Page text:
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post #16 of 39 Old 08-16-2012, 06:39 AM
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If I was you, I would go volunteer anywhere you can, it won't cost your parents money. I know people who would start by mucking out stables in exchange for lessons and build from there. Relies you know nothing, do whatever jobs you can get, in as many differant places so you gain experiance.

Most importantly go to college and get a good job so you can own horses in the future! I speaking as someone who works with horses for a living, get a non horsey job and have horses for enjoyment!
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post #17 of 39 Old 08-16-2012, 07:31 AM
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Spend this time taking lessons, possibly working at the stable (this might give you more lessons for free), volunteering at rescues. Rescues need a lot of tlc and you might learn valuable lessons about horse upkeep, groundwork, training and riding. Stables generally like young men around (kinda assumed you were sorry if you arent) to fix stuff or help load hay. This is stuff I want to do but I don't have the time, being in my last year of computer programming. So in the meantime I surf this forum learning as much as I can. Did you know that male horses need there sheaths cleaned?
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post #18 of 39 Old 08-16-2012, 07:43 AM
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Originally Posted by Horse racer View Post
My cousin and his wife want to move down from Seattle to the town I live in and they have 2 horses. I just talked to them and they said they would let me keep a horse on their land, I just have to pay for the feed! So thats about $100 a month, which isn't too bad. Might be more but I wouldn't hae o pay boarding.
HR, $100 is not much, but trim is another $40 (and if you shoe it'll be $120 - 200 depending on 2 or 4 hoofs every 4 to 8 weeks, yearly shots and coggins, possible vet emergency, etc. Plus your relatives may be welcoming you today, but won't tomorrow (I know lots of stories when boarding at friend's or relative's didn't turn out well at all, and caused lots of drama). And mech engineering is tough, so you'll be studying, studying, studying, if you want good grades, which won't leave you too much time for work and hobbies.

I do understand your dreams (I didn't get my first horse till I was done with my degree and got a more or less stable job, and I was dreaming about one since I was 5 yo), but there are priorities in life. I'd suggest you to look into lessons and volunteer in barn or rescue on weekends to keep learning and getting ready for your very own horse. :)

Good luck!
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post #19 of 39 Old 08-16-2012, 09:42 AM
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Just because we are adults (and in my case an old hag) doesn't mean we have forgotten what it's like to be young and full of dreams. It might mean, though, that we have learned how to prioritize. If you want to get ANYWHERE, you have to have a goal and a plan. Without either you get nowhere. And if you are always looking at your immediate wants, you'll also get nowhere. Decide what you want to be, where you want to be, and then plan on a way to achieve your dreams. That's how it works.
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post #20 of 39 Old 08-16-2012, 10:04 AM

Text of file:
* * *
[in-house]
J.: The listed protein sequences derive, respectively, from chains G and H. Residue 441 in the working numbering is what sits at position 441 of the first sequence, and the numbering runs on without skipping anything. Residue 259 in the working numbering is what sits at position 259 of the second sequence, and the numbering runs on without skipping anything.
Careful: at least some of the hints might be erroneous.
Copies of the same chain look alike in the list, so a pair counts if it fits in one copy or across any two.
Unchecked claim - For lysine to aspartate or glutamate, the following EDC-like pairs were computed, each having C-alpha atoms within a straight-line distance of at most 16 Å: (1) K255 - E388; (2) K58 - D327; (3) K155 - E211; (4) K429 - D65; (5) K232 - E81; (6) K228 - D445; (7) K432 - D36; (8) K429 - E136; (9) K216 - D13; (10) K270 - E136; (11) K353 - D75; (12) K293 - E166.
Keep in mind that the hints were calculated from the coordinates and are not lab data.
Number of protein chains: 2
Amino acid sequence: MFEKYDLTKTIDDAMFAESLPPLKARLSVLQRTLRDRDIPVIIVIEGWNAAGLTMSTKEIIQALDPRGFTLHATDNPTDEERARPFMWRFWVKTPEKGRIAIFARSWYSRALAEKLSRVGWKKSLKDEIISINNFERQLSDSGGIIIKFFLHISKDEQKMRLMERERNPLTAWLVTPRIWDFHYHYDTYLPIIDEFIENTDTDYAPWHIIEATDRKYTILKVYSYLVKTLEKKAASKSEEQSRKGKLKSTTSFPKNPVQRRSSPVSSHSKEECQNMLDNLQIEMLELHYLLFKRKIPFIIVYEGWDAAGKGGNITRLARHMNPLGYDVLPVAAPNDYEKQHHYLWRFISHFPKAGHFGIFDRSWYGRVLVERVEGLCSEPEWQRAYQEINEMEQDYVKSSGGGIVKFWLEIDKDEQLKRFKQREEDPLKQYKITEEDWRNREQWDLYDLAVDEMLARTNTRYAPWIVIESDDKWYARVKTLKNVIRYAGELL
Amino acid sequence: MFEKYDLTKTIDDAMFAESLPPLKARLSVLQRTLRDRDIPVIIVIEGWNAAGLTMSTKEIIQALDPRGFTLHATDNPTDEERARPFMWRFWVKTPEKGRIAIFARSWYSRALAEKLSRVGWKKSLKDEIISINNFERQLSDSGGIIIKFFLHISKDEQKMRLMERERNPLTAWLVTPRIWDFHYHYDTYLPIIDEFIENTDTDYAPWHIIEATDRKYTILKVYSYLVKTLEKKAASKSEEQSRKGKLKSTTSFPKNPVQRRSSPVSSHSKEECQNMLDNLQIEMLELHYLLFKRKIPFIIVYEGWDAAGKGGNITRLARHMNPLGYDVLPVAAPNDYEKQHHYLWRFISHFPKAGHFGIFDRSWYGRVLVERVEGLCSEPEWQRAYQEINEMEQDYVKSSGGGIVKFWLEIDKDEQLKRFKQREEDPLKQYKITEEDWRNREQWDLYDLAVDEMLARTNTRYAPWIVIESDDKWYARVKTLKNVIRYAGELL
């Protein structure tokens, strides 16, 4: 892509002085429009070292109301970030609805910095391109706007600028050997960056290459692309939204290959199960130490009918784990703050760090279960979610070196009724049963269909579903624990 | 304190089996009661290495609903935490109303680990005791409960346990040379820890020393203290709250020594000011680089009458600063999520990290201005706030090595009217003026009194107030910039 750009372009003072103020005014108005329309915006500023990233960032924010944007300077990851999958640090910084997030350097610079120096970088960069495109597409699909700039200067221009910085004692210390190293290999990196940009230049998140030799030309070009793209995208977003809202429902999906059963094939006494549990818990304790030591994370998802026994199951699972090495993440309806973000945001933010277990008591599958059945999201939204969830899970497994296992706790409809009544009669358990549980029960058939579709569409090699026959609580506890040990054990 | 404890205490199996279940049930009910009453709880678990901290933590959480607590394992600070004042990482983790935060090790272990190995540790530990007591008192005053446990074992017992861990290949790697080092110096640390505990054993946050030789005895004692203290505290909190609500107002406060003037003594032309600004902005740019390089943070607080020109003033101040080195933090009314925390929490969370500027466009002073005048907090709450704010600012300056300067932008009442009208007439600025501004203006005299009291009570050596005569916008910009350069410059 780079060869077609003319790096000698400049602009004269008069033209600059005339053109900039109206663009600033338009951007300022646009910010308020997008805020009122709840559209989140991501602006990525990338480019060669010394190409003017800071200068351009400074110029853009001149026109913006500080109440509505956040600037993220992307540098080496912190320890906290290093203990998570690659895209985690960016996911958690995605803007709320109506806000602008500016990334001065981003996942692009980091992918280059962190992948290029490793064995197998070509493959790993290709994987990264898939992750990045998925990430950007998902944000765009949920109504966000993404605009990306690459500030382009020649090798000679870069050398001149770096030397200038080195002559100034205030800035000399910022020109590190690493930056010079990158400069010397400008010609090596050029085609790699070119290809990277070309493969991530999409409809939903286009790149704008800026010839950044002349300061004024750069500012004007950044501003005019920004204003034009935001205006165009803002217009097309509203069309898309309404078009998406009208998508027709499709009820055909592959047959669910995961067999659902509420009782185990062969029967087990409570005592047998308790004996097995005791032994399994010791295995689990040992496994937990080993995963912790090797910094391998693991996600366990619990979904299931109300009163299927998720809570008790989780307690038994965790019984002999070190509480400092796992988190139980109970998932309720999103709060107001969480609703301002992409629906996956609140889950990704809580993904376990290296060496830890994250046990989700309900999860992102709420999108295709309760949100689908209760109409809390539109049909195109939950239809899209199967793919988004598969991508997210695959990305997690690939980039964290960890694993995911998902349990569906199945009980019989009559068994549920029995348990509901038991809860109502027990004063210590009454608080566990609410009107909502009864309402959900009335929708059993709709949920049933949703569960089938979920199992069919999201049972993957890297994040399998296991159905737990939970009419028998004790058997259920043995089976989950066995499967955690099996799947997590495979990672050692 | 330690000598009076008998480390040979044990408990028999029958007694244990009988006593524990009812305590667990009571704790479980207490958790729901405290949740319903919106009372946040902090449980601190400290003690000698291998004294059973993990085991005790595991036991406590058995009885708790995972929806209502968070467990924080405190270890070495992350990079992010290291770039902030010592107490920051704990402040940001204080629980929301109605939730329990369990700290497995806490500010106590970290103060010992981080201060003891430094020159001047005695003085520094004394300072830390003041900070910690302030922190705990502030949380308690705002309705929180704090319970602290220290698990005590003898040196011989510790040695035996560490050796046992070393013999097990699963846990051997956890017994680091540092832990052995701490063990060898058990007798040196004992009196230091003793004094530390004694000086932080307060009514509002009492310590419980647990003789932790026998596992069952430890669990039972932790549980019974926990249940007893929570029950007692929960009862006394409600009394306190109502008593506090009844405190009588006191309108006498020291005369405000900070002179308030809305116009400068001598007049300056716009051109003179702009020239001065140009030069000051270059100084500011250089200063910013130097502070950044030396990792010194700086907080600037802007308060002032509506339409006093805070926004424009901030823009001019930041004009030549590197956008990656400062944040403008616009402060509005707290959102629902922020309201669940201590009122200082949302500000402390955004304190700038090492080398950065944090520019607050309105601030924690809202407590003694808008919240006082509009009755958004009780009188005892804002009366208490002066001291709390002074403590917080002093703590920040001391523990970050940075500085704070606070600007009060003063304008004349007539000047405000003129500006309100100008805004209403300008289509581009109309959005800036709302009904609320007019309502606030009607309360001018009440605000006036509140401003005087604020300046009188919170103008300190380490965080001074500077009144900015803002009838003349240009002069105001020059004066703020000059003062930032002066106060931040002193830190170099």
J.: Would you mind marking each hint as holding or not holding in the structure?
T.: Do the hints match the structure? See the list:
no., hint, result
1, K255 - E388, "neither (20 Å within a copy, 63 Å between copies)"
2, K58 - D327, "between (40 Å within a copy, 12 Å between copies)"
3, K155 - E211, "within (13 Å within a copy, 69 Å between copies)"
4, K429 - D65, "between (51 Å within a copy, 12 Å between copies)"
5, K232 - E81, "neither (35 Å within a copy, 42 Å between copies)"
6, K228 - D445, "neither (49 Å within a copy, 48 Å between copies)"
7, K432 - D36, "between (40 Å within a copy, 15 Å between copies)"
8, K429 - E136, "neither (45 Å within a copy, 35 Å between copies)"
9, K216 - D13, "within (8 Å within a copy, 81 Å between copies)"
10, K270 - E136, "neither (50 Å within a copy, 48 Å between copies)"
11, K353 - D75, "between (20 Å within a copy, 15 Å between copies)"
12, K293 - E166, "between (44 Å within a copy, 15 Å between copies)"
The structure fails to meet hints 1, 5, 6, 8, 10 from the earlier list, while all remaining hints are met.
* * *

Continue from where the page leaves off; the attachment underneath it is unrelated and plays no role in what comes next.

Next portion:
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Originally Posted by Horse racer View Post
Engineering is my career. I want to work for Boeing. I'm not into airplanes, but they're always looking for engineers and engineering pays well.
I'm listening to your reasoning and remembering that you are two years away from college. I hope you'll take this in the spirit in which it is offered by an old lady probably old enough to be your grandmother. You've got time. You've decided that engineering is your career...but you have LOTS of time. I worry that while your reasoning sounds logical, it's based on one company and it's not even something you have a passion for. Things change. Economies change, companies change. You can change your location. You should be VERY open to change because you have your whole life ahead of you. Don't limit yourself to a choice you've made so early.

Whatever you do in life to support yourself should be something you enjoy...something you value and have a passion for. Otherwise the vast majority of your life will be spent in wage slavery. If you truly believe in and enjoy your work, it isn't work. If you don''s a modern form of slavery. Open your mind to all the wonderful ways that people find to pay for the things they need to live. Experiment with different part-time jobs, explore. You may find something far more rewarding than engineering.
Or you might find a different aspect of engineering. Even if you don't, and you stay with engineering, your life will be richer for all the new experiences you've explored.

You have the good fortune to have parents who expect and are prepared to finance a college education. Please, do not spend the money and time on an education that isn't something that you are going to enjoy. Admitting that you aren't interested in planes, but you want to work for Boeing because they always pay well for engineers..... it's a limited view of your future. Open your eyes, widen your horizon. Even if you don't change your mind and still go into engineering, you'll do it with a broader background and you'll know you made the right choice. Because you realized there were choices. Good luck in high school and college. The next few years may be the most "changeable" in your life. Here's to making good, informed decisions!
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What you have become is the price you paid to get what you used to want.